To encounter the history of avant-garde poetry is to encounter a racist tradition. From its early 20th century inception to some of its current strains, American avant-garde poetry has been an overwhelmingly white enterprise, ignoring major swaths of innovators—namely poets from past African American literary movements—whose prodigious writings have vitalized the margins, challenged institutions, and introduced radical languages and forms that avant-gardists have usurped without proper acknowledgment. Even today, its most vocal practitioners cling to moldering Eurocentric practices. Even today, avant-garde’s most vocal, self-aggrandizing stars continue to be white and even today these stars like Kenneth Goldsmith spout the expired snake oil that poetry should be “against expression” and “post-identity.” James Baldwin wrote that “to be black was to confront, and to be forced to alter conditions forged in history . . . it is clearly at least equally difficult to surmount the delusion of whiteness.” The avant-garde’s “delusion of whiteness” is the specious belief that renouncing subject and voice is anti-authoritarian, when in fact such wholesale pronouncements are clueless that the disenfranchised need such bourgeois niceties like voice to alter conditions forged in history. The avant-garde’s “delusion of whiteness” is the luxurious opinion that anyone can be “post-identity” and can casually slip in and out of identities like a video game avatar, when there are those who are consistently harassed, surveilled, profiled, or deported for whom they are. But perhaps that is why historically the minority poets’ entrance into the avant-garde’s arcane little clubs has so often been occluded. We can never laugh it off, take it all in as one sick joke, and truly escape the taint of subjectivity and history. But even in their best efforts in erasure, in complete transcription, in total paratactic scrambling, there is always a subject—and beyond that, the specter of the author’s visage—and that specter is never, no matter how vigorous the erasure, raceless.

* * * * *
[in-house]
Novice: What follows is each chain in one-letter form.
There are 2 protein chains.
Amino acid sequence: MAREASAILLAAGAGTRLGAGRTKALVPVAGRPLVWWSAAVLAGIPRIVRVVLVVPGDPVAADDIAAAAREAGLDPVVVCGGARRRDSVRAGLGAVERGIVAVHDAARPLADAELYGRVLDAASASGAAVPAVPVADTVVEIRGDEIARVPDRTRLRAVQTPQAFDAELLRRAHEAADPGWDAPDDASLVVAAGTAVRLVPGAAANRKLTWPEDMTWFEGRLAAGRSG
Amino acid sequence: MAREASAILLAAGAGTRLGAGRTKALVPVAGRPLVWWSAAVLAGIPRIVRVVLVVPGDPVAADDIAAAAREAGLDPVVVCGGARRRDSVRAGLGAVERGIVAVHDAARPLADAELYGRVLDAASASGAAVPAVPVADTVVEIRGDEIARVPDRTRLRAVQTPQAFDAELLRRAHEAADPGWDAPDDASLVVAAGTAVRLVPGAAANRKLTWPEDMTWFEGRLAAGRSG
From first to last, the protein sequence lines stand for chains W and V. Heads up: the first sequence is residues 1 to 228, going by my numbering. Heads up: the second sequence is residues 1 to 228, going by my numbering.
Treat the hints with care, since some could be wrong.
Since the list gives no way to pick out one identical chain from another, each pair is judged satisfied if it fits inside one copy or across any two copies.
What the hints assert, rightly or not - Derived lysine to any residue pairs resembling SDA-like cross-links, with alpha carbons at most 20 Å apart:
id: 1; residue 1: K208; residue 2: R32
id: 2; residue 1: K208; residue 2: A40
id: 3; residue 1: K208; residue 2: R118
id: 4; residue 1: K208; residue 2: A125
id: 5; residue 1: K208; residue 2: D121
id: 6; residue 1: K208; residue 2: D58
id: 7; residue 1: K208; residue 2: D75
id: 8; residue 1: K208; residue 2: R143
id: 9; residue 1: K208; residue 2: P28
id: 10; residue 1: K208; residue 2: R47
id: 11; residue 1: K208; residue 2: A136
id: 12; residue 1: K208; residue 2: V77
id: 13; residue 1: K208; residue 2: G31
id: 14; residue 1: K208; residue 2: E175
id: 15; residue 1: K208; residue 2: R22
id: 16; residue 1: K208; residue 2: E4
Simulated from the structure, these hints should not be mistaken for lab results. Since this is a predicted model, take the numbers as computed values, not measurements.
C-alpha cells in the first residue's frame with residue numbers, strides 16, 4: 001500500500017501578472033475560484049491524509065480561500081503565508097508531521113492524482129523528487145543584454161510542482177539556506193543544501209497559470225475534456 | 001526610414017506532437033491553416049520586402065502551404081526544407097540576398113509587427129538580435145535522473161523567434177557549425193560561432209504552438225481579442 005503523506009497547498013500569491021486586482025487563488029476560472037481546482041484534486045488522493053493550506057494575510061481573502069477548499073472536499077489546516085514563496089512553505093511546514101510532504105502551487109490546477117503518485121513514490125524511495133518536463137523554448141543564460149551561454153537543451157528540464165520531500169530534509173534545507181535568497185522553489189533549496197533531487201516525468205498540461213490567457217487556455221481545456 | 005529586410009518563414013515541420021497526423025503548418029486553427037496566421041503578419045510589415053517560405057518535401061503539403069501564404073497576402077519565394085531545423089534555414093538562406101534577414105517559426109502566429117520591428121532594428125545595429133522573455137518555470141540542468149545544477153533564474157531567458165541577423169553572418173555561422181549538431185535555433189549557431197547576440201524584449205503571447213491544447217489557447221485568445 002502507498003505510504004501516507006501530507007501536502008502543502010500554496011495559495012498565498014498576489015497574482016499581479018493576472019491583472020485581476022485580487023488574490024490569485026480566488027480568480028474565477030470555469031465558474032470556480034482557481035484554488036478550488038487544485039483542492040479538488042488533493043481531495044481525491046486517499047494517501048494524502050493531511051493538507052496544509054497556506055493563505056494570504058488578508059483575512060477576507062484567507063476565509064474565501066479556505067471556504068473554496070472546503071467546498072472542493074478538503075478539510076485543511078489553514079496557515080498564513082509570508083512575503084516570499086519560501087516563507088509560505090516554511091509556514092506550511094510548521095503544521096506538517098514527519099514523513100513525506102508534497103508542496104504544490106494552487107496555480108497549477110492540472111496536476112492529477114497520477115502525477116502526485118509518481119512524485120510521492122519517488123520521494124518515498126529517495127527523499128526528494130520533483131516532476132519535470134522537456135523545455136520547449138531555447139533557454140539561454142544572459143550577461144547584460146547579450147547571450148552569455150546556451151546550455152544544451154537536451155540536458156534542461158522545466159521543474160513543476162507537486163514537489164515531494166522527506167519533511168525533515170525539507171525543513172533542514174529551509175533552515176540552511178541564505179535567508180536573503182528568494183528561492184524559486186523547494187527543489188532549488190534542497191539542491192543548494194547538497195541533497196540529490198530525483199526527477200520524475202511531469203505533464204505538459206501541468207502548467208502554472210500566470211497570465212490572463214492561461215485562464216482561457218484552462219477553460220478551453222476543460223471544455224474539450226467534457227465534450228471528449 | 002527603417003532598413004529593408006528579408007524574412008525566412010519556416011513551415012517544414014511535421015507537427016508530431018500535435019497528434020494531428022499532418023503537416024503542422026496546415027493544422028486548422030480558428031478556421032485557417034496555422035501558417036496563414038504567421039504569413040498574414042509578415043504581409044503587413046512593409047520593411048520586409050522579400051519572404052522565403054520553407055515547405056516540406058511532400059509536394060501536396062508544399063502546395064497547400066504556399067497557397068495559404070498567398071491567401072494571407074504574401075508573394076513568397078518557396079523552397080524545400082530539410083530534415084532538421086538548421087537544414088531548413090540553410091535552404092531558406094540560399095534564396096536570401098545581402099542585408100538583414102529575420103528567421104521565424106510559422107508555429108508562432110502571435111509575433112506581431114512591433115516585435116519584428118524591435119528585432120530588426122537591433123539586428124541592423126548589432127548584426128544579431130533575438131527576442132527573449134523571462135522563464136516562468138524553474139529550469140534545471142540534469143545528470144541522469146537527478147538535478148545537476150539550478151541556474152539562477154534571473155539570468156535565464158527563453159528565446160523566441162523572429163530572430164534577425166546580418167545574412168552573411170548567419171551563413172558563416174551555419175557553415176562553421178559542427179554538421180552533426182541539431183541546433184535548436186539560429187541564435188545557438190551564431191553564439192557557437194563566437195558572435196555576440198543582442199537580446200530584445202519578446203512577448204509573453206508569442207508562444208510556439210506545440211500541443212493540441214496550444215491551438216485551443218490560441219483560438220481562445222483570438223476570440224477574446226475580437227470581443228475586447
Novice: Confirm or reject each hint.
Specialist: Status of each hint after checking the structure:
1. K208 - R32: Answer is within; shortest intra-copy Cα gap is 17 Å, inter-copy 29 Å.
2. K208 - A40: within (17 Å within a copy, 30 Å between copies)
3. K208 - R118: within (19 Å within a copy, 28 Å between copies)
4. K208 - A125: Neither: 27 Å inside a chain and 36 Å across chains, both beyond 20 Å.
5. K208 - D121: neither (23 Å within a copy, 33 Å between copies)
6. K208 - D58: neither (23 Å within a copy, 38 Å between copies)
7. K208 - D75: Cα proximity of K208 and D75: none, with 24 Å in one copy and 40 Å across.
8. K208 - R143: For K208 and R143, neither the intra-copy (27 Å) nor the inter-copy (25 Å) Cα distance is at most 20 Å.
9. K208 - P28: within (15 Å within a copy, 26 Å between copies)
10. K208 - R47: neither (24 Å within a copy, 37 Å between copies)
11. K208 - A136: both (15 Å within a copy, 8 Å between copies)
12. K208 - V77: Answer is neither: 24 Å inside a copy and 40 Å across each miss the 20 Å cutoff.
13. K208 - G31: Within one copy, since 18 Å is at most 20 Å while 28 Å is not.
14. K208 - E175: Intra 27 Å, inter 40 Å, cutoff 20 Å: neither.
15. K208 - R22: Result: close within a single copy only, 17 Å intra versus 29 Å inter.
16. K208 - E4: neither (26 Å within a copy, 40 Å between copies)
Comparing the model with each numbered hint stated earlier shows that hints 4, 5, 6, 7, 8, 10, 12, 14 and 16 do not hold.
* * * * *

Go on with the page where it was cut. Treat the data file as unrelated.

Avant-garde poetry’s attitudes towards race have been no different than that of mainstream institutions. Of course, I am aware that I am erecting an artificial electric fence between two camps that many argue no longer even exists. Poetry’s current aesthetic styles bear a closer resemblance to an oscillating Venn diagram and there are plenty of indie presses and magazines that have outright and rightly rejected these ossified two poles, not to mention that to argue what is and is not truly avant-garde now, based on say, Peter Burger’s definition of the avant-garde, would be a mind-numbing, self-defeating, and masturbatory exegesis. But for this forum, I will assume that such a cold war relationship exists (though it’s been a détente for quite a while) and that the poets and schools whom I identify as avant-garde will be those who have been institutionalized as such, and I’ll include upstarts who have trumpeted themselves as the vanguard’s second coming, such as the Conceptual poets. But to return to my initial point, poets of color have always been expected to sit quietly in the backbenches of both mainstream and avant-garde poetry. We’ve been trotted out in the most mindless forms of tokenism for anthologies and conferences, because to have all white faces would be downright embarrassing. For instance, Donald Allen’s classic 1959 and even updated 1982 anthology New American Poetry, which Marjorie Perloff has proclaimed “the anthology of avant-garde poetry,” includes a grand tally of one minority poet: Leroi Jones, aka Amiri Baraka. Tokenism at its most elegant.